The Powerlessness of Will Power for Spiritual Transformation



                                               (One week ago - snow in Monroe in April!)

Dallas Willard writes:

"It is not the growth of “will power” we are looking for in spiritual formation, but transformation of all dimensions of the self under the direction of God, through a will surrendered to Him and applied appropriately to bring about personal change." (Dallas Willard, Getting Love Right, Kindle Locations 222-226)

We are not to work harder or try harder to self-transform into Christlikeness. To think that trying harder will achieve, e.g., the kind of love Jesus had is to devalue Christ and diminish expectations. "Will power" (Richard Foster calls it "will worship") won't work.

But as we surrender to Him He transforms us. He produces spiritual "fruit" in us, which are qualities of His own being. As we abide in Christ He gives us precisely what we cannot achieve in our own strength; viz., the ongoing meta-morphing of our heart into a heart like His.

(Click on the link and get Willard's beautiful little book, on Kindle, for $1.)

(On the powerlessness of will power to conquer addictions see Addiction and Grace, by Gerald May.)

Avoid the Arguer Without and Within

(Torrey Pines)

I taught Logic for eighteen years at Monroe County Community College. Logic is about evaluating, and formulating, arguments. In my first class session I would explain this, and the difference between evaluating and formulating arguments and being argumentative.

"Get away from a man who argues every time he talks."
- Thomas Merton, The Wisdom of the Desert

Do not partner with the argumentative person. The argumentative person is not to be your companion. Love them, but do not be influenced by them.

Enter not into the arguments of the argumentative person. The argumentative person is fishing for an argument. Don't take their bait.

Relationships in the New Community are not to be like living in a court of law. Reason together? Yes. And always in love. Argumentative? No.

Don't go looking for a fight. Wage war against the devil, not people. If it has flesh and blood, it's not your real enemy.

More than loving peace, be a peacemaker. Lay down your swords. Beat them into plowshares. Convert your military weapons into instruments of righteousness and peace. Anyone can love peace. Peace-makers who are God's active agents of peace, on the other hand, are rare. They are blessed and called the offspring of God. 

  1. Be at peace with God.
  2. Peace with God brings peace within.
  3. Peace within leads to peace with others.

Or:

  1. Abide in Christ.
  2. Christ gives you his peace, a peace unlike this world gives.
  3. Bring this heart of peace into your flesh-and-blood relationships.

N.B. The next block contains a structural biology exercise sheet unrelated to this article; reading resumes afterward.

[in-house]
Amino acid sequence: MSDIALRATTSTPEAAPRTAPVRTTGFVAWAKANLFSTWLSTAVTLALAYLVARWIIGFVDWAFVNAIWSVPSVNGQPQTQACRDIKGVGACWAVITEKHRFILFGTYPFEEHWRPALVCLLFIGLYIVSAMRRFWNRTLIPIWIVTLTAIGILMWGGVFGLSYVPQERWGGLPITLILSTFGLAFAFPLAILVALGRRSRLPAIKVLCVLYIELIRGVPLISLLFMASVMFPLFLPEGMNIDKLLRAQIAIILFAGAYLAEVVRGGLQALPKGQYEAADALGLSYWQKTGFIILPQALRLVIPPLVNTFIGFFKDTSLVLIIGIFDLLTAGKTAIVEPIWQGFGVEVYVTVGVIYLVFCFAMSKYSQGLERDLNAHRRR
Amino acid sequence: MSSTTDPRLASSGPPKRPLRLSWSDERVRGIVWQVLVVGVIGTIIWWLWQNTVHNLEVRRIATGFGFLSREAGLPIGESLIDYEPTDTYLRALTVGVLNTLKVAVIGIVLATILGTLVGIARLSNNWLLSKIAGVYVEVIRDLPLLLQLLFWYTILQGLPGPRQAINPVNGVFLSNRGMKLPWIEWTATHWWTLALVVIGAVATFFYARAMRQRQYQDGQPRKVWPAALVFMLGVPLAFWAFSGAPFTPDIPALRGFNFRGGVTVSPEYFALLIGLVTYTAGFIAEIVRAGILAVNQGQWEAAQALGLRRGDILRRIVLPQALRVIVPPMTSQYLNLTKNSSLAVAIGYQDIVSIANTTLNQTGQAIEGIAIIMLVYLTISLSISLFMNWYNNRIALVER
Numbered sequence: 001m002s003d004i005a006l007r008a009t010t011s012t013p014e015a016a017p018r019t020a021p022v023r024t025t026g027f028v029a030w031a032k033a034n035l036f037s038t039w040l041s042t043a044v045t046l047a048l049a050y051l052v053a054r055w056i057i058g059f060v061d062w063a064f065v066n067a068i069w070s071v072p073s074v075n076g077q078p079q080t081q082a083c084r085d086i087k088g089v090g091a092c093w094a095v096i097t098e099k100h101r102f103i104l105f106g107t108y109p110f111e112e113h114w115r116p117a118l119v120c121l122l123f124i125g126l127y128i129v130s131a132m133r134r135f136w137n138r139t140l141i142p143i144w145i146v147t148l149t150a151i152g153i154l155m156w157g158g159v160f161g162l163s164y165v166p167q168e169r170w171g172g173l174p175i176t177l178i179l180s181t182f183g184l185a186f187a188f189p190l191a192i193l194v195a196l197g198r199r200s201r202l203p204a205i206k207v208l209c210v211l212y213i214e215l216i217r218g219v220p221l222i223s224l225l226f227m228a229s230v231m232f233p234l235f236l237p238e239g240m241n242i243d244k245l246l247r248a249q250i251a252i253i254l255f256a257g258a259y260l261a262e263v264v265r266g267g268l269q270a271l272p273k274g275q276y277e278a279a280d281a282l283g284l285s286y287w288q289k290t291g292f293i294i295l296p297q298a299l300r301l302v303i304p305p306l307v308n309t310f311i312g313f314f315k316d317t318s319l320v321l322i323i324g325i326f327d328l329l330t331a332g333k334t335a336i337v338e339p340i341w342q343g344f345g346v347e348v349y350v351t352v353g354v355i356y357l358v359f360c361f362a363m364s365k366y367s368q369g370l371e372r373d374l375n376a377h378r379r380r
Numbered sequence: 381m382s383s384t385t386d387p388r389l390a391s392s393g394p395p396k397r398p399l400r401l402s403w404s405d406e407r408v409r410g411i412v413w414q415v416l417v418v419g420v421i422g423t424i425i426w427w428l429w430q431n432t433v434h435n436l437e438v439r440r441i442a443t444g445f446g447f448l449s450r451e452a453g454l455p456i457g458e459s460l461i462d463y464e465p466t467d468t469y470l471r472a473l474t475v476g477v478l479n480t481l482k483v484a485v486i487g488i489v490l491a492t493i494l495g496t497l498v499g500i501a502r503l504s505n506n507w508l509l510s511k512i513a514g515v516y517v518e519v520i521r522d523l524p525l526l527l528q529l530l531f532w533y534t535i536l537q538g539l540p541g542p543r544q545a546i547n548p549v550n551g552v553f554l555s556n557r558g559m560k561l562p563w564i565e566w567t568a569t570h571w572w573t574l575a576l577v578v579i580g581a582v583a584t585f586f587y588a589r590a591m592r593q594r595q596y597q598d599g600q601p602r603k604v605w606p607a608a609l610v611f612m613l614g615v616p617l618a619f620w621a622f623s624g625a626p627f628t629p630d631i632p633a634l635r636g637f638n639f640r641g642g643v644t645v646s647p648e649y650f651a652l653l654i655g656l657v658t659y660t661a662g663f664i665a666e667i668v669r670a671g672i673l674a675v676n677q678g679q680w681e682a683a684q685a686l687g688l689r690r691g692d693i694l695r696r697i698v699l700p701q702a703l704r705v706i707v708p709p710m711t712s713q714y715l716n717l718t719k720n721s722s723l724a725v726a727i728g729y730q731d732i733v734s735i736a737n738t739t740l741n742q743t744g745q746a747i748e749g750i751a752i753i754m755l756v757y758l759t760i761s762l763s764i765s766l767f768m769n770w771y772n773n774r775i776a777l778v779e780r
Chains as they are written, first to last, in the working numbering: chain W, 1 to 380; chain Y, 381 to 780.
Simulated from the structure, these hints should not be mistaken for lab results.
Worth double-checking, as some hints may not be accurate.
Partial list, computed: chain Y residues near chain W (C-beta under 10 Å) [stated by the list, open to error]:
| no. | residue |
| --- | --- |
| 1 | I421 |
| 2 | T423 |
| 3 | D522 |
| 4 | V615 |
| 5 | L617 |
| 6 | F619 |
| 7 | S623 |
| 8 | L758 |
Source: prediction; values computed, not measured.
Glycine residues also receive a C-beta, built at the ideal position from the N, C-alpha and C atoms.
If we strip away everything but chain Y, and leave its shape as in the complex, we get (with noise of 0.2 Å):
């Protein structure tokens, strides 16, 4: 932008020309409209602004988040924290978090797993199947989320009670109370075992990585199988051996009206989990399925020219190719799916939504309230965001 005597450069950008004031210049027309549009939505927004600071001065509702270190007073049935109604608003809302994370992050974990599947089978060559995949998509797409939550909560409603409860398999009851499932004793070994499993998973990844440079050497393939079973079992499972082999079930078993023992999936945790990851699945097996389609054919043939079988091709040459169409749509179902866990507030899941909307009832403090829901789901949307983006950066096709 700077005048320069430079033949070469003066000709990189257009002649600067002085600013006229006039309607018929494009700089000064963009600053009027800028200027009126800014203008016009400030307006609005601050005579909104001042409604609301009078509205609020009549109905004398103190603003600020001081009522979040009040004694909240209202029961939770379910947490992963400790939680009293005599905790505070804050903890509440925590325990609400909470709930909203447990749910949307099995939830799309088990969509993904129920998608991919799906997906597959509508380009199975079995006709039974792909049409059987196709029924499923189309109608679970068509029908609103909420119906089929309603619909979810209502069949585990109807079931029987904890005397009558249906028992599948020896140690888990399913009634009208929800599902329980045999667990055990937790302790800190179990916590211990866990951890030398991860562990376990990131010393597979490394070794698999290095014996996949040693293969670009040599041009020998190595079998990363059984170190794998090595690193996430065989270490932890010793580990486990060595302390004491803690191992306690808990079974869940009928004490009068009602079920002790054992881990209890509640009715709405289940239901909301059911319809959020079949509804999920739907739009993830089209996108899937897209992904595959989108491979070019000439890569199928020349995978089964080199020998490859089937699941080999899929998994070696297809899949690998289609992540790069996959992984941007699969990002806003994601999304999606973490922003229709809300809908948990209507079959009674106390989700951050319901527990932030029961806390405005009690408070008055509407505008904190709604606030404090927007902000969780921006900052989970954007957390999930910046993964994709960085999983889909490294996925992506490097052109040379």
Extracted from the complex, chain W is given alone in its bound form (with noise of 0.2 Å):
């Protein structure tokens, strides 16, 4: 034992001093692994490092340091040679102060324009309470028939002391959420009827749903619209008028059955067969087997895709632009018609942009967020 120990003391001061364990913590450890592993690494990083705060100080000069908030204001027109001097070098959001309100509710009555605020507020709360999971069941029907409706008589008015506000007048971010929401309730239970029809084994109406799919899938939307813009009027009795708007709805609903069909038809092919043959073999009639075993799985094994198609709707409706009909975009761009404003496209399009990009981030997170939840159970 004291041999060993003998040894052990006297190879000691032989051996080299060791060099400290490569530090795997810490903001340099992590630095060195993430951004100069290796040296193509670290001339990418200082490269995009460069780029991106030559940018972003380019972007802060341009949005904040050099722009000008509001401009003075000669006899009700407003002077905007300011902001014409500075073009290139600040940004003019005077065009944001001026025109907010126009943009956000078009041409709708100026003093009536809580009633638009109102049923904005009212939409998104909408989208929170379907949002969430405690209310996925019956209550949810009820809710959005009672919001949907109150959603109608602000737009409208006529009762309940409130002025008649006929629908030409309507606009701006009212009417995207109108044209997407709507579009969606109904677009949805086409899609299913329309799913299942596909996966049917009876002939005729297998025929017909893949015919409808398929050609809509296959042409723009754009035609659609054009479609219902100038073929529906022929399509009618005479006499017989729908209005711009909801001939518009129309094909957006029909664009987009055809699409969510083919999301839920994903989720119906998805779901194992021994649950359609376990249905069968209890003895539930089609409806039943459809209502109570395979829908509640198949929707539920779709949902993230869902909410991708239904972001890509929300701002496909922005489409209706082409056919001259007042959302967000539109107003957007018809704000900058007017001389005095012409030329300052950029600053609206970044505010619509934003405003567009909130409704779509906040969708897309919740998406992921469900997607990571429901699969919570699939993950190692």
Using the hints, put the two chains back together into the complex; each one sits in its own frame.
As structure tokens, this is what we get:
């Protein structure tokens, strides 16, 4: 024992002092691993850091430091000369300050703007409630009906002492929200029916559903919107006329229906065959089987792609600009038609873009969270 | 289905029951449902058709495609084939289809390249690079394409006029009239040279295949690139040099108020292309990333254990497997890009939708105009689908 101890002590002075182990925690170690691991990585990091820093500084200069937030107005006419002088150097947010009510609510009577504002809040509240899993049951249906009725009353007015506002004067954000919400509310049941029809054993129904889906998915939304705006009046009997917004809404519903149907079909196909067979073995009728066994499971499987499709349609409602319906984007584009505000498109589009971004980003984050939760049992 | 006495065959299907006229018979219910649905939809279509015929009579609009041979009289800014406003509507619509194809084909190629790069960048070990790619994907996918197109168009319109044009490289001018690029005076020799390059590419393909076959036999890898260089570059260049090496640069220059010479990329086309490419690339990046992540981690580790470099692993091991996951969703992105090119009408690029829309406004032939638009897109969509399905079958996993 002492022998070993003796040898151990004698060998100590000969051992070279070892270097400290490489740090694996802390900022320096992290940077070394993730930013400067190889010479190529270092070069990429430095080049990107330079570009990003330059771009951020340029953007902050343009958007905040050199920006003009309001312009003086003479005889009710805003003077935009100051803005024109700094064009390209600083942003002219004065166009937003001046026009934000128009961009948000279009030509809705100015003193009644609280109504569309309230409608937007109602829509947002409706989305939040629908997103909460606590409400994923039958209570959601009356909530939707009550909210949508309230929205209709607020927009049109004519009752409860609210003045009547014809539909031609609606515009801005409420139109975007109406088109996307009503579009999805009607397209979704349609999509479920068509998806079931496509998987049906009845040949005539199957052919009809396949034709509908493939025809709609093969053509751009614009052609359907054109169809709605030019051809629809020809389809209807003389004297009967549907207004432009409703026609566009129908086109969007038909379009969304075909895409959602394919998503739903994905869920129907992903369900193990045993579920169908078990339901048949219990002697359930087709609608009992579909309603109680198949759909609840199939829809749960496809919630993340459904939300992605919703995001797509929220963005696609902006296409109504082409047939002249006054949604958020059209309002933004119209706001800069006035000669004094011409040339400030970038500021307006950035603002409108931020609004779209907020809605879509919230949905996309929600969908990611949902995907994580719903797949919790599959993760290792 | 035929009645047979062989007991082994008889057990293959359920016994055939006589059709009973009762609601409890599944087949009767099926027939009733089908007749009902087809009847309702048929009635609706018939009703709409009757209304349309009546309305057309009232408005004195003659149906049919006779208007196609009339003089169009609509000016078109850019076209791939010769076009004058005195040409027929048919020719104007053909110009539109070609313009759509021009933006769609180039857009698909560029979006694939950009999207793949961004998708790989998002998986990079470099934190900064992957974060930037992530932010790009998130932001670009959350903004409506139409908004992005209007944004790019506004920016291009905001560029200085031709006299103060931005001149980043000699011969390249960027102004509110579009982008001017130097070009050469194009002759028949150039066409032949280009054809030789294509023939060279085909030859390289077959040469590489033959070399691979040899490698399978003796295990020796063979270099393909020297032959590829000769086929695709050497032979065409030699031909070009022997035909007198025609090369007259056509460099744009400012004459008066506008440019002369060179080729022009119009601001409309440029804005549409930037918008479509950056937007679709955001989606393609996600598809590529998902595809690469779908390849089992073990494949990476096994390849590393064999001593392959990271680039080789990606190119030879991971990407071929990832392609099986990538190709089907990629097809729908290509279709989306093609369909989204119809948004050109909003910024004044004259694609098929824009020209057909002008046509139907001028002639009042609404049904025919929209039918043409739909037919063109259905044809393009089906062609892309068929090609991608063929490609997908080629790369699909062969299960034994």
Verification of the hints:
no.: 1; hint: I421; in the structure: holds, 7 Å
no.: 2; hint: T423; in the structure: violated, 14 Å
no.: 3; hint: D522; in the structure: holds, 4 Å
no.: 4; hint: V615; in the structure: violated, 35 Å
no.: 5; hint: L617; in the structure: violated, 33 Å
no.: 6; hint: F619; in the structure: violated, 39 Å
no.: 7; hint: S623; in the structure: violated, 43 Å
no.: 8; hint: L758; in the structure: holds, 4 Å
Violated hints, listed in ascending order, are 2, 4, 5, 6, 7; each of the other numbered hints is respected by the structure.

Or:
  1. As a Jesus-follower you are "in Christ."
  2. In Christ there is peace (everlastingly so, in the perichoretic Triune being of the Godhead).
  3. Thus fulfill the prayer of Jesus in John 17 to "be one" with others, as Jesus and the Father are one.

Sunday, April 25, 2021

Benefits of Practicing Gratitude

(Jax, Josh and Nicole's cat)

Be thankful.

In this stormy season, I find many things to thank God for. I find myself, sometimes unconsciously, whispering "Thank you Jesus" as I move through the day. This is becoming more and more common. It is increasing in me. The pandemic has not changed this.

Thankfulness, from the heart, is pleasing to God. In his pleasure, God adds benefits to our thankfulness. In his beautiful, healing, helpful book Finding Quiet, J. P. Moreland writes:

Here are some of the benefits of the regular practice of gratitude:

 • increased feelings of energy, alertness, enthusiasm, and vigor 
• success in achieving personal goals 
• better coping with stress 
• a sense of closure in traumatic memories 
• bolstered feelings of self-worth and self-confidence
• solidified and secure social relationships 
• generosity and helpfulness 
• prolonging of the enjoyment produced by pleasurable experiences 
• improved cardiac health through increases in vagal tone 
• greater sense of purpose and resilience (pp. 112-113)

A thankful heart produces so many benefits one could think God intended us to live thankfully.


“For everything God created is good, 
and nothing is to be rejected 
if it is received with thanksgiving” (1 Timothy 4:4). 


“Let us come before him with thanksgiving 
and extol him with music and song” (Psalm 95:2).

Saturday, April 24, 2021

Revival and the Transformation of Desire

                                                  (Our grandson Levi.)

I have been praying for revival for a long time. The pandemic has not changed this. Here is Michael Brown's definition of "revival."

"Supernatural renewal" includes the transformation of desire. Then, as Jesus said, If you desire me, you will keep my commands. (My translation.)

It looks like this.

"Have you ever played in a swimming pool and tried to hold a beach ball under the surface? Its tendency—you might even say its penchant and desire—is to rise to the surface. It is “restless” when it is held under the water. It keeps trying to sneak up from under your feet or hands, bursting toward the surface. It wants to be floating." (James K. A. Smith, You Are What You Love) 

True revival produces a lasting desire that cannot be contained. It's like this. As the deer pants for the water...